It has been yet another turbulent fortnight in the UK arts industry.
When the weight of criticism became too much for the Government to bear (it would be optimistic and fanciful to imagine the hundreds of thousands of signatures of ordinary people on petitions calling for her resignation had any bearing) Maria Miller stepped down as culture secretary and up stepped Sajid Javid.
While there wasn’t exactly a wailing and gnashing of teeth, there was a collective beleaguered sigh among the creative community of Yorkshire when it was announced Miller’s replacement was announced. In fact, the slumping of the shoulders that greeted his appointment I saw mirrored in the arts community around the UK, from friends who work in the sector on Facebook, to the eloquent and passionate open letter written by former children’s laureate Michael Rosen.
I was a little torn, I have to confess. The son of a Rochdale bus driver, a second generation British-Pakistani, Javid is somewhat emblematic. As an ethnic minority in a Britain that feels increasingly hostile towards ‘the other’, it feels important to see such representation at the heart of government.
Would that it wasn’t in this role.
There is a lot of pre-judging of Javid going on and on this very rare occasion I can’t help but join in.
Once again we have a culture secretary whose CV, until he was appointed to arguably the most influential job in UK arts, appears deficient. The man’s a banker. I know a few people who work in the finance industry. When I meet up with them, it’s not generally for a trip to the theatre.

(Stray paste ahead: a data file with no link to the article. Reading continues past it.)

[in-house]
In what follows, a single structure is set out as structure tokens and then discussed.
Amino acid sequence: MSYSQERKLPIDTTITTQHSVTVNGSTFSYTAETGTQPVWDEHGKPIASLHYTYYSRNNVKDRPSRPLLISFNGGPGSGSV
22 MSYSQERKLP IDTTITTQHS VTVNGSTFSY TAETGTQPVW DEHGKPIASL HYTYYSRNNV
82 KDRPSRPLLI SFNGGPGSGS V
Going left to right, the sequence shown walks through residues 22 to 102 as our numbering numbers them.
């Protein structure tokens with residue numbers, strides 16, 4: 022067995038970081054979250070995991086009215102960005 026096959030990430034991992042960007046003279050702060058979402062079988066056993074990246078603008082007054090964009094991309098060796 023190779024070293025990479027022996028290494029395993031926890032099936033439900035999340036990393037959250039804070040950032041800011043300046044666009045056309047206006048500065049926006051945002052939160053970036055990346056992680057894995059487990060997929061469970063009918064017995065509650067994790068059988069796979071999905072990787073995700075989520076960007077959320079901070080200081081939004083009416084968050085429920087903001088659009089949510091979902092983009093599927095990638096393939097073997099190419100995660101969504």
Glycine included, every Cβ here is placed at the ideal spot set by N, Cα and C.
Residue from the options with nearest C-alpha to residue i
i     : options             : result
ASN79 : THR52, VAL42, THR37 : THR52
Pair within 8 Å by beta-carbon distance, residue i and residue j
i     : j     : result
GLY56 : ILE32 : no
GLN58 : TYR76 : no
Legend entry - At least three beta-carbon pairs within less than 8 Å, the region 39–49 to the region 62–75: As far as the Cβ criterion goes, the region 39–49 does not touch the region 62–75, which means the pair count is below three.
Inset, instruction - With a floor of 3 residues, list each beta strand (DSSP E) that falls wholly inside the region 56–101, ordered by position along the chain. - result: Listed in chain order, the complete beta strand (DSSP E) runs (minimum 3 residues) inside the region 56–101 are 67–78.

Now, maybe he will be even as I write poring over some of the impassioned speeches made by Sam West over the past few years about the value of the arts. Even if he is, a bit of swotting up on UK culture, does not a culture secretary make.
Javid, Miller and before her Jeremy Hunt. An industry that takes the name and reputation of Britain around the world deserves better. It deserves a representative who understands.
A couple of days after Javid’s appointment, I was talking to a dancer friend. She was talking about how, when she was 18 and living in a home, art saved her life. A community project she was involved in gave her a reason to wake up the following day, every day. It’s the sort of project that only figures on your radar if culture and art are really in your bones. It’s not the sort of project that sends opening night invitations to directors of multinational banks.
That dancer friend is now a choreographer working in Leeds, inspiring other young people. I seriously hope someone explains the importance of her journey to Sajid Javid.